I am worried that well-meaning people who deny the possibility of substantial biological differences among human populations are digging themselves into an indefensible position, one that will not survive the onslaught of science. I am also worried that whatever discoveries are made — and we truly have no idea yet what they will be — will be cited as “scientific proof” that racist prejudices and agendas have been correct all along, and that those well-meaning people will not understand the science well enough to push back against these claims.

This is why it is important, even urgent, that we develop a candid and scientifically up-to-date way of discussing any such differences, instead of sticking our heads in the sand and being caught unprepared when they are found.

To get a sense of what modern genetic research into average biological differences across populations looks like, consider an example from my own work. Beginning around 2003, I began exploring whether the population mixture that has occurred in the last few hundred years in the Americas could be leveraged to find risk factors for prostate cancer, a disease that occurs 1.7 times more often in self-identified African-Americans than in self-identified European-Americans. This disparity had not been possible to explain based on dietary and environmental differences, suggesting that genetic factors might play a role.

Self-identified African-Americans turn out to derive, on average, about 80 percent of their genetic ancestry from enslaved Africans brought to America between the 16th and 19th centuries. My colleagues and I searched, in 1,597 African-American men with prostate cancer, for locations in the genome where the fraction of genes contributed by West African ancestors was larger than it was elsewhere in the genome. In 2006, we found exactly what we were looking for: a location in the genome with about 2.8 percent more African ancestry than the average.

When we looked in more detail, we found that this region contained at least seven independent risk factors for prostate cancer, all more common in West Africans. Our findings could fully account for the higher rate of prostate cancer in African-Americans than in European-Americans. We could conclude this because African-Americans who happen to have entirely European ancestry in this small section of their genomes had about the same risk for prostate cancer as random Europeans.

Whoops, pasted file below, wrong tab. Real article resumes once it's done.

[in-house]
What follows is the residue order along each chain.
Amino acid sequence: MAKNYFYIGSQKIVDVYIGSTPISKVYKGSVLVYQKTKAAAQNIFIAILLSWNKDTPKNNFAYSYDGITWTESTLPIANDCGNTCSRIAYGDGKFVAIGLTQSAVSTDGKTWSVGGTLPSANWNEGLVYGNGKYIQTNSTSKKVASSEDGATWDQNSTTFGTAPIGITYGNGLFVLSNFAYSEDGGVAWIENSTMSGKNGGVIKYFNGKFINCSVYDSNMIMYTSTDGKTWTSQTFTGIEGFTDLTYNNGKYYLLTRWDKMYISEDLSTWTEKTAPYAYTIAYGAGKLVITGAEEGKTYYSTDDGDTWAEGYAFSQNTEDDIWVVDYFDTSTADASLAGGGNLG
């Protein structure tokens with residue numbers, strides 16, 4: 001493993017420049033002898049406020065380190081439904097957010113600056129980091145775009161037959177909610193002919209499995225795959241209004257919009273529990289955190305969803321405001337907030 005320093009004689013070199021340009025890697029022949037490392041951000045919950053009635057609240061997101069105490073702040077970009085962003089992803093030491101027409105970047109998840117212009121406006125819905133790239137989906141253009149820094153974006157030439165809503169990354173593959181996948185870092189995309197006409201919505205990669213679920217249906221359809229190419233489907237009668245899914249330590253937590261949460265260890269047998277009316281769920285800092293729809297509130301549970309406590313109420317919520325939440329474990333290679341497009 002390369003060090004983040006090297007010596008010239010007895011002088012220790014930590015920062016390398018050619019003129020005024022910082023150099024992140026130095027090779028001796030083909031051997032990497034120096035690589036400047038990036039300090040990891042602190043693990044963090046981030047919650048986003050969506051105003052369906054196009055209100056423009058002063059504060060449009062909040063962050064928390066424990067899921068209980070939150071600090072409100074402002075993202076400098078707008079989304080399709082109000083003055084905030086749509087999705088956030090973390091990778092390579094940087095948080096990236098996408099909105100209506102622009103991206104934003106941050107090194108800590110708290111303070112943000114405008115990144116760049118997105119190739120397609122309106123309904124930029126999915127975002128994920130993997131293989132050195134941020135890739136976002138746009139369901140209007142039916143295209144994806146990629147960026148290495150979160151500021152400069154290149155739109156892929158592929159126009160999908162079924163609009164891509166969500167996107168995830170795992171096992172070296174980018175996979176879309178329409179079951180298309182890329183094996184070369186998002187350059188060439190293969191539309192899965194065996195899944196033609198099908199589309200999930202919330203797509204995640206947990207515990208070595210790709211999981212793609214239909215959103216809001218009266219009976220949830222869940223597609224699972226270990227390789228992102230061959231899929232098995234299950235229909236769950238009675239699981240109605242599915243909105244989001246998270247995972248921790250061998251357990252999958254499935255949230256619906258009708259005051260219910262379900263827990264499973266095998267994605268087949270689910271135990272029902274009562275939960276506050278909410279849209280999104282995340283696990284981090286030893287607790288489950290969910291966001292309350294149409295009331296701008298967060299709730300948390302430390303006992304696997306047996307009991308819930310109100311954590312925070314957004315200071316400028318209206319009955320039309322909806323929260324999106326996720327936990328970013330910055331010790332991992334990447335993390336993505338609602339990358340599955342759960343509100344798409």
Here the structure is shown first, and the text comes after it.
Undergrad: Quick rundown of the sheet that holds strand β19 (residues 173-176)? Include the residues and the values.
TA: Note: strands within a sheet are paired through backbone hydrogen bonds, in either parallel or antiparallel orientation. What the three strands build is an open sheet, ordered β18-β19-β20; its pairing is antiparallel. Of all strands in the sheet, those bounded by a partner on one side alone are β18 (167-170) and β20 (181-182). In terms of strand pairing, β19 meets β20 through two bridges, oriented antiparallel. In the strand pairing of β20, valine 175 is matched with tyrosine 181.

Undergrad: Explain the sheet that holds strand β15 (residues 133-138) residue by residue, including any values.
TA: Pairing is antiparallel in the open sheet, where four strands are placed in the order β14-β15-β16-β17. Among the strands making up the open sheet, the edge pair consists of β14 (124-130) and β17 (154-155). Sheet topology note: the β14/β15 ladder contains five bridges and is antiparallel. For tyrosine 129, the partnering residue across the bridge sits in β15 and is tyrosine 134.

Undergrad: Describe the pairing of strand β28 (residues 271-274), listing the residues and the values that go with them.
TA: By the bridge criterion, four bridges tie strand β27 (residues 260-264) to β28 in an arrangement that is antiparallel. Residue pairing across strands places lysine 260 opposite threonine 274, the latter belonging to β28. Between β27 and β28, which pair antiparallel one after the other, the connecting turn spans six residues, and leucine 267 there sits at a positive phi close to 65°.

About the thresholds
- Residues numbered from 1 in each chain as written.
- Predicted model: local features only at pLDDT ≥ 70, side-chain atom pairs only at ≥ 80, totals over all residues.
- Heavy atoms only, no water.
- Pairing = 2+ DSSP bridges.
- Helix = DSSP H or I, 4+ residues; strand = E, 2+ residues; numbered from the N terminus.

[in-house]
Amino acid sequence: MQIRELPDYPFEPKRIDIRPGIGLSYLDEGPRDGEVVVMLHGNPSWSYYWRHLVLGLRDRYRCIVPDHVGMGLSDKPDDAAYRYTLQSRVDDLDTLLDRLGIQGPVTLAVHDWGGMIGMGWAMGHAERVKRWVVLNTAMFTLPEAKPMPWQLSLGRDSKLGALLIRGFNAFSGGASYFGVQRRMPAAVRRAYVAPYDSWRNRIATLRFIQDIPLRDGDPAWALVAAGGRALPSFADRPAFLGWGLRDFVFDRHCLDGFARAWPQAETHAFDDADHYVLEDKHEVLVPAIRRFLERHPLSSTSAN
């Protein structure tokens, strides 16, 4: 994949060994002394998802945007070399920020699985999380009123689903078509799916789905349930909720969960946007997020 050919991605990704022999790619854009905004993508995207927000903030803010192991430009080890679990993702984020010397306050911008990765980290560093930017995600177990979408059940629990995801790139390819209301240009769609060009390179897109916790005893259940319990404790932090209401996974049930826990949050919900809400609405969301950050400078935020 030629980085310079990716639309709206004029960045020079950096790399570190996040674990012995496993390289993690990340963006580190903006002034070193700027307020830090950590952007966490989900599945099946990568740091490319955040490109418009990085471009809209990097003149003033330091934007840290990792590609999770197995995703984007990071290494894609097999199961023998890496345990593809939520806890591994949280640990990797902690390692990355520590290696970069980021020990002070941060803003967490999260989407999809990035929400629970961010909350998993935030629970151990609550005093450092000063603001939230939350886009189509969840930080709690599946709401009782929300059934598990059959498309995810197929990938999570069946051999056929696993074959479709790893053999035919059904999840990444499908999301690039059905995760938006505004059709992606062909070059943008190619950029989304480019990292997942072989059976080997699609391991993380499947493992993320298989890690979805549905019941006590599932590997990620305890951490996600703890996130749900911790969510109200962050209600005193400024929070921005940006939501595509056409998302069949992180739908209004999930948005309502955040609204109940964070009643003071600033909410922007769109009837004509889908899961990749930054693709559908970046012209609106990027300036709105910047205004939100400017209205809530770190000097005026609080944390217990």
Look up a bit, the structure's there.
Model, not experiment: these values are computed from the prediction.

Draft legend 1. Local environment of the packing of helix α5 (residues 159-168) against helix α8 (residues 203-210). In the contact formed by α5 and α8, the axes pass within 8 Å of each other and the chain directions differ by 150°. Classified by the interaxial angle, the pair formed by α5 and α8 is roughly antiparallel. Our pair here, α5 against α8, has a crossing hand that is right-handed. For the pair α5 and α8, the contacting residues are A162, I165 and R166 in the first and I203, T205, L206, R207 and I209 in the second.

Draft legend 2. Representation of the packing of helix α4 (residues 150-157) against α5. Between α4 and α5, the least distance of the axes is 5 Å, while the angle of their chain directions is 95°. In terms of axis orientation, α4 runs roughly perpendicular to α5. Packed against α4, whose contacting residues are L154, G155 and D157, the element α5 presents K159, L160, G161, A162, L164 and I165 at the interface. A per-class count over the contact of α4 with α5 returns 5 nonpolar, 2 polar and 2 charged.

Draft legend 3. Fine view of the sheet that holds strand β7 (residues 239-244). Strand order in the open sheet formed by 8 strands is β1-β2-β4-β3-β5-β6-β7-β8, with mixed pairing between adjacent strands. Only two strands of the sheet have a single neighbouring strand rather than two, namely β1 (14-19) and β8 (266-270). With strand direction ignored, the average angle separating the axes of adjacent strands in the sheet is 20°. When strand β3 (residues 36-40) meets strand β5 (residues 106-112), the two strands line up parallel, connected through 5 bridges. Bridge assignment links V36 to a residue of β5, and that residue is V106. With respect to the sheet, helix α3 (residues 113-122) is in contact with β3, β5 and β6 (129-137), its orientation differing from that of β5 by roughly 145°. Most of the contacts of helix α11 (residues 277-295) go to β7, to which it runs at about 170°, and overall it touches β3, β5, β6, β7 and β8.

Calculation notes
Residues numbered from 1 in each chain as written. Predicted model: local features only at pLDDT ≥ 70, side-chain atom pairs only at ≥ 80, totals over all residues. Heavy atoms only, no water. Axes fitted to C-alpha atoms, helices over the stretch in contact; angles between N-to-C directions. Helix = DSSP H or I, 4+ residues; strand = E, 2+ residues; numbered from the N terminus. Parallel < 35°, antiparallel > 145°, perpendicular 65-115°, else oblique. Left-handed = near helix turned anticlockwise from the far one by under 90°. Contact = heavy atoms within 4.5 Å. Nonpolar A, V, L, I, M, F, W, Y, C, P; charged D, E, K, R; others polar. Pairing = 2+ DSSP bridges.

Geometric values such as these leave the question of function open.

Did this research rely on terms like “African-American” and “European-American” that are socially constructed, and did it label segments of the genome as being probably “West African” or “European” in origin? Yes. Did this research identify real risk factors for disease that differ in frequency across those populations, leading to discoveries with the potential to improve health and save lives? Yes.

While most people will agree that finding a genetic explanation for an elevated rate of disease is important, they often draw the line there. Finding genetic influences on a propensity for disease is one thing, they argue, but looking for such influences on behavior and cognition is another.

But whether we like it or not, that line has already been crossed. A recent study led by the economist Daniel Benjamin compiled information on the number of years of education from more than 400,000 people, almost all of whom were of European ancestry. After controlling for differences in socioeconomic background, he and his colleagues identified 74 genetic variations that are over-represented in genes known to be important in neurological development, each of which is incontrovertibly more common in Europeans with more years of education than in Europeans with fewer years of education.

It is not yet clear how these genetic variations operate. A follow-up study of Icelanders led by the geneticist Augustine Kong showed that these genetic variations also nudge people who carry them to delay having children. So these variations may be explaining longer times at school by affecting a behavior that has nothing to do with intelligence.